Seng thought the use of a chemical term would help him climb up her Great Wall, but his wife rolled over, “I’m not your honey nor your chemisorption; I’m your wasp, your pincher. Without you by my side, I can have a honey dream. Get out. Go dance with your girl in your dream.”


Her eruption of anger grumbled like thunder. Seng crawled out of bed like a doleful puppy and moved to the living room. He lit a cigarette. His mind wandered like a caged wolf moving restlessly. In the drifting smoke, Mei’s soft voice, soft lips, and soft body loomed large.



When the yin yang of Seng and his wife no longer matched, divorce scurried in like a sewer rat. Seng moved out. When his ex-parents-in-law invited him for the last dinner, they didn’t mention his dance affair. Later, he learned that his ex-wife simply told her parents she had no more chemistry with Seng and wanted to divorce him so she could devote herself to her lab experiments.


Like a caged bird released to the sky, Seng danced with Mei almost every night in Crystal Hall, no longer afraid of being seen by acquaintances. One evening when Seng and Mei walked into a riverfront restaurant, they ran into the same woman who spread gossip about his dance affair. This time Seng walked up to say hello while she tried to evade. Seng gave Mei a loud smack on her rouged face, then gave the woman you-know-what-I-mean wink. The woman humphed and walked away.


On some nights Seng and Mei strolled in the quiet park under moonlight and kissed each other long enough as if to break the Guinness World Record. Sometimes they swallowed four jugs of beer and chewed thirty beef skewers at a street food stall. Seng would puff out a contrail of “I love you” while Mei would chirp happily like a bell cricket.


Dining, dancing, and kissing became an inseparable part of Seng’s life. If he missed dinner or dance with Mei, he’d feel separated for three autumns, so he wanted to add a tie to hold them tight. One evening, Seng strutted like a peacock fanning out its feathers to Mei’s place. With a diamond ring in his right hand, Seng kneeled before Mei to ask for her hand. He had learned to propose this way from watching a foreign film.


Surprised with wide eyes, Mei stepped back. Though they had dated for a while, Mei never thought she must accept him as her only boyfriend. Still in her twenties, she wanted to dance for more chances to find the best tree to hang her swing from, especially one with no marriage history.


While Seng remained kneeling, Mei articulated her verdict in a tone that sounded like reading an elegy, “I talked with my mother, but she told me not to mention your name anymore. She doesn’t like divorced men, especially men who switch love like replacing broken light bulbs. She said I’ll never be her daughter if I continue to be your girlfriend. You know, I can’t disobey because my mother raised me single-handedly after my father eloped with his high school sweetheart.”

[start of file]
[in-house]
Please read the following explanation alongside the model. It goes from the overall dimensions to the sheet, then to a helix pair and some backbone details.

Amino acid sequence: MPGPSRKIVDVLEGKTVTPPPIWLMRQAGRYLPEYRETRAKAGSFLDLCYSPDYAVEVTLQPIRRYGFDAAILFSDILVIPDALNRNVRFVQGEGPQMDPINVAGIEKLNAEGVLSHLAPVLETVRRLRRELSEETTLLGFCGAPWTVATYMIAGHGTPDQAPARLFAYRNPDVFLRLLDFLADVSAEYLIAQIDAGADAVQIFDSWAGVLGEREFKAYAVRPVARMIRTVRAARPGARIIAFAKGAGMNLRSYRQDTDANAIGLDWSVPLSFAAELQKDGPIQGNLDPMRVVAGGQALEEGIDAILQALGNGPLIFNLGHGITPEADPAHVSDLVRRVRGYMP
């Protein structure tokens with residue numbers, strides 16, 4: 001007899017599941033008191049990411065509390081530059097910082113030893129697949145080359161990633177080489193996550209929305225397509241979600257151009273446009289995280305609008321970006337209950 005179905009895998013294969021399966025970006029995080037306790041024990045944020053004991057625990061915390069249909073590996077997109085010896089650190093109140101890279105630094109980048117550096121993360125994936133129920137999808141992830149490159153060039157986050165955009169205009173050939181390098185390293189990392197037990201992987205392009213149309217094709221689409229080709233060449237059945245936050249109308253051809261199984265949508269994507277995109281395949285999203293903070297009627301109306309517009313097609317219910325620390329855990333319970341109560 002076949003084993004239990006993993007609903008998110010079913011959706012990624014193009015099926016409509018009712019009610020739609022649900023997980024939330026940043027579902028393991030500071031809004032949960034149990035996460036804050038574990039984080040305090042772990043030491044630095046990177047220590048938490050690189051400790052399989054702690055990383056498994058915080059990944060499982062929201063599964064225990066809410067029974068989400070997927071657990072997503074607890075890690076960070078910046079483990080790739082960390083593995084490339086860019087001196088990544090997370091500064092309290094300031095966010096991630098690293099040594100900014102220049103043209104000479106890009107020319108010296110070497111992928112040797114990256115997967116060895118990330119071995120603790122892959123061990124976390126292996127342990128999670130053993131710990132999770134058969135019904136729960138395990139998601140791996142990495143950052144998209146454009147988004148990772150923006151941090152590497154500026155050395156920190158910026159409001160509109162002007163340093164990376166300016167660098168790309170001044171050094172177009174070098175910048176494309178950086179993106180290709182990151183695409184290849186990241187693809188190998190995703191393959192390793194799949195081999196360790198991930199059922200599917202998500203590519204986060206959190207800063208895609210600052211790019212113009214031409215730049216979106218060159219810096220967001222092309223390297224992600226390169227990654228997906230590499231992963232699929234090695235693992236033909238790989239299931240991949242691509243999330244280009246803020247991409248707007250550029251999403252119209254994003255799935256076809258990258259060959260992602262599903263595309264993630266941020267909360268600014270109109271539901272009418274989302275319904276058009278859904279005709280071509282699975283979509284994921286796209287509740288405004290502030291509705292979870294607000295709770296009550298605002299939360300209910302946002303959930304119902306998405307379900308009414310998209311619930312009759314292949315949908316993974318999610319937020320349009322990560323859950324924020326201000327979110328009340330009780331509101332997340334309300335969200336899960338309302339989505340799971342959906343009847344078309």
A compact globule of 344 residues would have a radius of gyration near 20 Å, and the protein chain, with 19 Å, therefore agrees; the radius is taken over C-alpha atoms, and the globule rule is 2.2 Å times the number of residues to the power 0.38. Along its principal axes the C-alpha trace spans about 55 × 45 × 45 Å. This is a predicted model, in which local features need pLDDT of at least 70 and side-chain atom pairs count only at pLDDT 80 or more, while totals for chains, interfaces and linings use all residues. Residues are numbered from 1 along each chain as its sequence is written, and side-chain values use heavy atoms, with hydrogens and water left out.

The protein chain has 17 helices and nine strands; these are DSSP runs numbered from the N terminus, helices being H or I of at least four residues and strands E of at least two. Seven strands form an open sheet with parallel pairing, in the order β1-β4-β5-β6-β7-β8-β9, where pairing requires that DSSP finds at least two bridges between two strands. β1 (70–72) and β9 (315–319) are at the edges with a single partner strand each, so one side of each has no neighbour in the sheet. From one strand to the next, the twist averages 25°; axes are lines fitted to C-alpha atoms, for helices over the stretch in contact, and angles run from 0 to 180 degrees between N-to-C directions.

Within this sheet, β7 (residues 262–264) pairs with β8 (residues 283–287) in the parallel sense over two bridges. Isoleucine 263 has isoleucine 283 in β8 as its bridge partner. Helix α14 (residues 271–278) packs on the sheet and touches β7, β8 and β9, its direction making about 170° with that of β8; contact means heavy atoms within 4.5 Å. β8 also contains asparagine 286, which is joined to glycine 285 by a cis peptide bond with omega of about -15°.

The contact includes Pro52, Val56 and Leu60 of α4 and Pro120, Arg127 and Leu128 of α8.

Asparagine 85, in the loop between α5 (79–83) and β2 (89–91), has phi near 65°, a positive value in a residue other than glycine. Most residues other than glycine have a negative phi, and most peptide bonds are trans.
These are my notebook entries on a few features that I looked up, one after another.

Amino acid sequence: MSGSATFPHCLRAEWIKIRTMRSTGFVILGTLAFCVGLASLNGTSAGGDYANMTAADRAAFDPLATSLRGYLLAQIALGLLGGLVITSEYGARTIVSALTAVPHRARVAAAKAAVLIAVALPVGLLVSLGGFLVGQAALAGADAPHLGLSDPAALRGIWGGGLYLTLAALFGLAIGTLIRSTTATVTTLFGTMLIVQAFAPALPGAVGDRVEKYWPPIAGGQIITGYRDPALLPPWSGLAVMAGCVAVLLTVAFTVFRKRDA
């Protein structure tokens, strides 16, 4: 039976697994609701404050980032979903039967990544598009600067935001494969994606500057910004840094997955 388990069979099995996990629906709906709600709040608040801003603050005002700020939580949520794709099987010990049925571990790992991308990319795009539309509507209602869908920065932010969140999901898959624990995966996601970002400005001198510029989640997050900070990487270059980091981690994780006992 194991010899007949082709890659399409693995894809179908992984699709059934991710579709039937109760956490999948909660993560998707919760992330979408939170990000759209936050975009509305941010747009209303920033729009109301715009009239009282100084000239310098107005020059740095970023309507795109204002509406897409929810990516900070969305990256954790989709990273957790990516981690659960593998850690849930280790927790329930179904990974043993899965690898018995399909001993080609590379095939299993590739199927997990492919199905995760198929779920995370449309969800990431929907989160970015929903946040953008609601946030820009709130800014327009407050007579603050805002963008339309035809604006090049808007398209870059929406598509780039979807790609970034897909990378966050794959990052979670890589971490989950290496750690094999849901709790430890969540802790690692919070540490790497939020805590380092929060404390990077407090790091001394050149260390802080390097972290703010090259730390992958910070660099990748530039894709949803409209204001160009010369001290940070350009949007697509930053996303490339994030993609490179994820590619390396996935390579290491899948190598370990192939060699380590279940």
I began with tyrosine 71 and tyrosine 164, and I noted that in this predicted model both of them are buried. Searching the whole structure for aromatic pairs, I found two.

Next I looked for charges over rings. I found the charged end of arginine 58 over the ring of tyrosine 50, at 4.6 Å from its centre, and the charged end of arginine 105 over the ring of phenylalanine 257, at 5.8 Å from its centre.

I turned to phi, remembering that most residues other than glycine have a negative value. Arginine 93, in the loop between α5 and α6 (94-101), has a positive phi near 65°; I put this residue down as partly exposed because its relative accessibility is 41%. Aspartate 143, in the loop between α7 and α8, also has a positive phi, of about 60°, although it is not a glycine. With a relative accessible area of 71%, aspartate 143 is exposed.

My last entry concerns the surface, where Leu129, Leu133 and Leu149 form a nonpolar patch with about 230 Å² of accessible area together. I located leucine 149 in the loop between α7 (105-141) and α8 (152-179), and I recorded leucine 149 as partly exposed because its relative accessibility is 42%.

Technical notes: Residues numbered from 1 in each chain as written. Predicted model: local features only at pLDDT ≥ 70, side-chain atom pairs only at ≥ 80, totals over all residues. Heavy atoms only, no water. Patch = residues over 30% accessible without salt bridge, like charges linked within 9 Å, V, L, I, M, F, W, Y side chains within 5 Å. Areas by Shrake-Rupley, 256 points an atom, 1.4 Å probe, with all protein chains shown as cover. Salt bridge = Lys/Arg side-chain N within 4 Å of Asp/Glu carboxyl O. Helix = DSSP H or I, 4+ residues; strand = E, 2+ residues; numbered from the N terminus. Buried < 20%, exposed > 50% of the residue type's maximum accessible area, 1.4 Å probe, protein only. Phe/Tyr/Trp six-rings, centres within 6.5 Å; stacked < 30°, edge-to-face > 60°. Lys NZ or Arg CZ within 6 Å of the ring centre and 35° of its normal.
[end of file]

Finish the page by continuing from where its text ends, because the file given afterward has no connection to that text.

Hearing this, Seng sprang up, stunned agape. He had never expected such a straightforward rejection though he thought her mother would be the Himalayas between Mei and him. Having been blinded by Mei’s shining eyes, Seng never realized he was just one of the targets in Mei’s man-hunting game.

Without a word, Seng rushed out, his mind tangled like a coil of yarn. The moon looked like a white-faced clown climbing over trees. He roamed like an alley cat. When a sprinkler passed by, he didn’t sidestep; he was sprayed.


One night after Mei rejected his proposal, Seng went again to Crystal Hall, wishing to dance with her again. He drank a can of Tsingtao beer, and his eyes swept the hall like searchlights to spot the familiar figure among shadows of shaking bodies.


Mei was swinging in ecstasy with a young man. Seng leaped like a leopard from the chair and edged through the crowd toward her. When his eyes met Mei’s, he caught an icy, touch-me-not look. He felt pinched, not on his cheek but in his heart. He walked back to the table and gulped another can of Tsingtao.


That night, stirring in bed, Seng felt disgusted with himself for dancing his marriage apart.

Image by Thomas Griggs

John Zheng is the author of several poetry collections including The Dog Years of Reeducation and A Way of Looking, which won the Gerald Cable Book award, and editor of seven books including Sonia Sanchez's Poetic Spirit through Haiku and Conversations with Dana Gioia. His work has recently appeared in journals including Birmingham Poetry Review, Mississippi Review, and New World Writing.